November 2, 2018 10:35:54 AM
When a Tiny backwater state agency published a public notice in the newspaper that it planned on issuing up to $895 million in state debt, it raised some eyebrows.
The Municipal Gas Authority of Mississippi (MGAM) only has a half-dozen or so employees, but that isn't stopping the 30-year-old agency from some whopping plans.
MGAM plans on issuing bonds to buy a 31-year supply of gas for 25 small municipal natural gas operations located throughout the state.
The question is why?
With fracking, there is a huge supply of natural gas. Gas pipelines are regulated and are independent from gas producers, of which there are dozens. Natural gas prices are low and predicted to be low for decades to come. Why would the MGAM want to tie down cities and the state in such a complex 31-year deal that few people can even understand?
MGAM Executive Director Geoff Wilson claims the deal will save the municipalities 15 percent off the market rate, but I am skeptical of these claims. Audited reports of other gas authorities show discounts in the one and two percent range, if that.
The annual MGAM audit does not have a single word or statistic showing any savings to its municipal members. A 2003 PEER review found savings of two cents from the typical $4 MMBTU price of gas. That doesn't even cover the salaries at MGAM.
Here's the thing I can't get over. The 25 Mississippi municipal gas companies represented by MGAM purchased a total of $18.7 million in natural gas in 2017. If MGAM issues $895 million in bonds, the interest on the bonds alone will cost about $35 million in the first year. How does that make sense? Just the interest on the bonds alone is twice the total amount spent on gas for the whole year.
I emailed that question to Wilson, but I never could figure out his answer. To his credit, he has been responsive, it's just loaded with technical jargon. I recall that statement rumored to be said by Albert Einstein; "If you can't explain it to a 12-year-old, you probably don't understand it very well yourself."
To be sure, I am not 12. I worked in the corporate finance division of Merrill Lynch in the heart of Wall Street doing bond deals. I am struggling to understand this deal.
I do know that during the financial collapse of 2008, dozens of these deals went down the tubes leading to billions of dollars in losses.
Curious, I got on the internet and did a little research. I only found one analysis written in 2010 by First Principles Capital Management in New York. It was titled, "Dissecting Municipal Prepaid Gas Transactions." It was not an encouraging report.
A flow chart of the transactions shows nine different entities involved in 20 different transactions.
The report states: "A municipality issues a long term tax-exempt bond and uses the proceeds to purchase a long term supply of natural gas. The gas delivered under the contract is sold to local buyers at the prevailing market price. The proceeds from the sale of gas are paid to a commodity swap provider in return for fixed cash flows that are consistent with the debt service obligations of the municipal bond. The net result of these transactions is that the municipality has acquired a long term supply of gas at the prevailing market prices at the time of delivery. The issuance of the municipal bond serves no economic purpose other than to create an economically attractive loan for the financial institution serving as the gas supplier.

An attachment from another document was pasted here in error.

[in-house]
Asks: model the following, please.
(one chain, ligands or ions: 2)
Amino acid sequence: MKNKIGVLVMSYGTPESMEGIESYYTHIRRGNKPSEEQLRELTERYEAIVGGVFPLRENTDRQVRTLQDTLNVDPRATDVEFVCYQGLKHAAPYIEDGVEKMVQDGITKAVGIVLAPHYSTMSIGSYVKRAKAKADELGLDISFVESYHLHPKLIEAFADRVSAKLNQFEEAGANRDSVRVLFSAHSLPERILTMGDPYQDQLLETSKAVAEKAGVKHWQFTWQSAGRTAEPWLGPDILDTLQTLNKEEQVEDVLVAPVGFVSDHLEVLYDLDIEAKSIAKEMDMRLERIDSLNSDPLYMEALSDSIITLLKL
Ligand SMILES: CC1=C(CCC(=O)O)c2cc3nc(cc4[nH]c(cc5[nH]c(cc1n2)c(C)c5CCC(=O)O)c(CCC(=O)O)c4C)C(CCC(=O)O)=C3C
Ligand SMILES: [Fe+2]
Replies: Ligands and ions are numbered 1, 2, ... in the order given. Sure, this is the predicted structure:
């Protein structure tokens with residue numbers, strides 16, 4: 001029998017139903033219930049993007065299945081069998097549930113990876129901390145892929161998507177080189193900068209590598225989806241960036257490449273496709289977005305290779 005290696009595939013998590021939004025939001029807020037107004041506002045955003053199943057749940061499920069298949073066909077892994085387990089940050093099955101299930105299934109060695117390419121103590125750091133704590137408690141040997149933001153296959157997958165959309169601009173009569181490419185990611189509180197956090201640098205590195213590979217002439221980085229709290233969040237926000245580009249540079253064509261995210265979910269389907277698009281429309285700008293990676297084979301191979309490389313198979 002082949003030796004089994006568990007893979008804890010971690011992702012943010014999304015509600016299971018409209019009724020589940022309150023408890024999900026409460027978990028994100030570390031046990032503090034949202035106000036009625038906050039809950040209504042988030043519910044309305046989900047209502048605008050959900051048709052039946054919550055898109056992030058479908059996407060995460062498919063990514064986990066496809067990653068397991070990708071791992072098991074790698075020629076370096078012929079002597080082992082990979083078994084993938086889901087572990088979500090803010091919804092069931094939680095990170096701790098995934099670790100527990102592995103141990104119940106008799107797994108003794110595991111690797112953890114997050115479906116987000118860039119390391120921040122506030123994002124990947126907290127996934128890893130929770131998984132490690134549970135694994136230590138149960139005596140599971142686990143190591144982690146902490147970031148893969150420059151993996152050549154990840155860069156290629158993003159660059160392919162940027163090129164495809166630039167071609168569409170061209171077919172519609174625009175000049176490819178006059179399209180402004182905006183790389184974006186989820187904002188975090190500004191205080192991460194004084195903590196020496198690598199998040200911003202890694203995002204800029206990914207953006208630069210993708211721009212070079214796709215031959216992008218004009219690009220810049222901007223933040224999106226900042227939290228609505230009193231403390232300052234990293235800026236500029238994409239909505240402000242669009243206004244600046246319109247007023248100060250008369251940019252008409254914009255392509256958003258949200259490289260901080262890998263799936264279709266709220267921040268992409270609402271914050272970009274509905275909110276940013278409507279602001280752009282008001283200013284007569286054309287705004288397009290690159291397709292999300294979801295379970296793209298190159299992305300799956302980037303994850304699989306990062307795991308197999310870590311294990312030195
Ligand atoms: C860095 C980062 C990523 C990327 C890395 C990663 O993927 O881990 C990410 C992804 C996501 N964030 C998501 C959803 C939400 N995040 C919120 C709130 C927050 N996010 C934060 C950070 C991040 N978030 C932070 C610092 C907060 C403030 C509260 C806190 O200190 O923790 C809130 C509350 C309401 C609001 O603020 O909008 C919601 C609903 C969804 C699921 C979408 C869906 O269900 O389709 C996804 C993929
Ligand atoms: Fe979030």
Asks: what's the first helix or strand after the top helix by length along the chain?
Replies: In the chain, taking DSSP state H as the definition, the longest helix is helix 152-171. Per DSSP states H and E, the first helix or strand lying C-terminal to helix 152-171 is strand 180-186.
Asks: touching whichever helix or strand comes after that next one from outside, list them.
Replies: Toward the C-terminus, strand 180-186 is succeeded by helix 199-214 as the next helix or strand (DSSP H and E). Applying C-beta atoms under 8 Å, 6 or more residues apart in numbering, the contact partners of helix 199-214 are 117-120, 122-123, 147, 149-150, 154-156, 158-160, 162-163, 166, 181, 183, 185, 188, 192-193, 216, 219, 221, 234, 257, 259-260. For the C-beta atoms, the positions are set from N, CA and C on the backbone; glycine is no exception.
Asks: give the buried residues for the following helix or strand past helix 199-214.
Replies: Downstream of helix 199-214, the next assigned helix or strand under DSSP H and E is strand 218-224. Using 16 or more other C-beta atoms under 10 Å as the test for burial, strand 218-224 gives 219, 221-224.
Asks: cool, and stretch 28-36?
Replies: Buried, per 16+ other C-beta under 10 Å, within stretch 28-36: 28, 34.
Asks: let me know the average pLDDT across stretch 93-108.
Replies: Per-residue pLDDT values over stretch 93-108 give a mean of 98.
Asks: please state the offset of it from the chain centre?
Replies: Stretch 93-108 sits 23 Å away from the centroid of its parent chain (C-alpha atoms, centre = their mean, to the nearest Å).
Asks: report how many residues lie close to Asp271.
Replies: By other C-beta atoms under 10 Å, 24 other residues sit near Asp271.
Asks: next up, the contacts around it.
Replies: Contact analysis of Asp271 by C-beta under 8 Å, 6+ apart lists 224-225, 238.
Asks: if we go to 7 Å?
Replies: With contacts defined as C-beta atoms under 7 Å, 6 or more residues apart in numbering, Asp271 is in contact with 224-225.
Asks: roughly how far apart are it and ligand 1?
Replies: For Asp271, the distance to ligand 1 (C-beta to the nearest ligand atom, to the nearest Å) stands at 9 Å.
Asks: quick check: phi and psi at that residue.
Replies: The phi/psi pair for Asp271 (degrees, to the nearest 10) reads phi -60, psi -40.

"In summary, a complex series of transactions involving long-term commodity supply contracts and derivatives were utilized by taxable financial institutions to obtain tax-deductible financing in the tax-exempt market at tax-exempt yields, something that taxable institutions are expressly forbidden from executing. With the purchase of the bonds issued by the financial institution, the recycling of the money from the debt issuance lacks any business purpose other than creating a significant tax benefit for the financial institution to the detriment of taxpayers."
MGAM Wilson says neither the municipalities nor MGAM (meaning ratepayers and taxpayers) will be on the hook. They plan to use the Mississippi Development Bank.
If you go to the Mississippi Development Bank's website it states: "The security for Mississippi Development Bank bonds is a lien on the revenues of the local governmental entity. A Mississippi Development Bank revenue bond may also contain the moral obligation of the State of Mississippi . . . Should a local government entity fail to make a debt service payment on the bonds, the State Tax Commission can withhold sales tax, homestead exemption and other funds to make those payments."
In the fine print of the audit of Georgia's gas authority, which just issued over a billion of these bonds, it states: "The Gas Authority is exposed to market price risk in the event of nonperformance by any of its counterparties." Not so good.
As I see it, the biggest beneficiaries of this deal are lawyers, bankers and middle men. Certainly the staff of MGAM will have 31 years to administer the program.
And if, pray tell, this deal goes bad, the lawsuits will be flying and you can bet the taxpayers will be picking up the legal tab and possibly a lot, lot more.
There is a huge supply of natural gas with dozens of suppliers and private companies that can assist any municipality to get the best price on gas. Lacking more substantial evidence of cost savings, it makes little sense for this small agency to get caught up in a complex billion dollar deal that nobody understands and could possibly put cities, taxpayers and ratepayers at risk.
Wyatt Emmerich is the editor and publisher of The Northside Sun, a weekly newspaper in Jackson. He can be reached by e-mail at [email protected]
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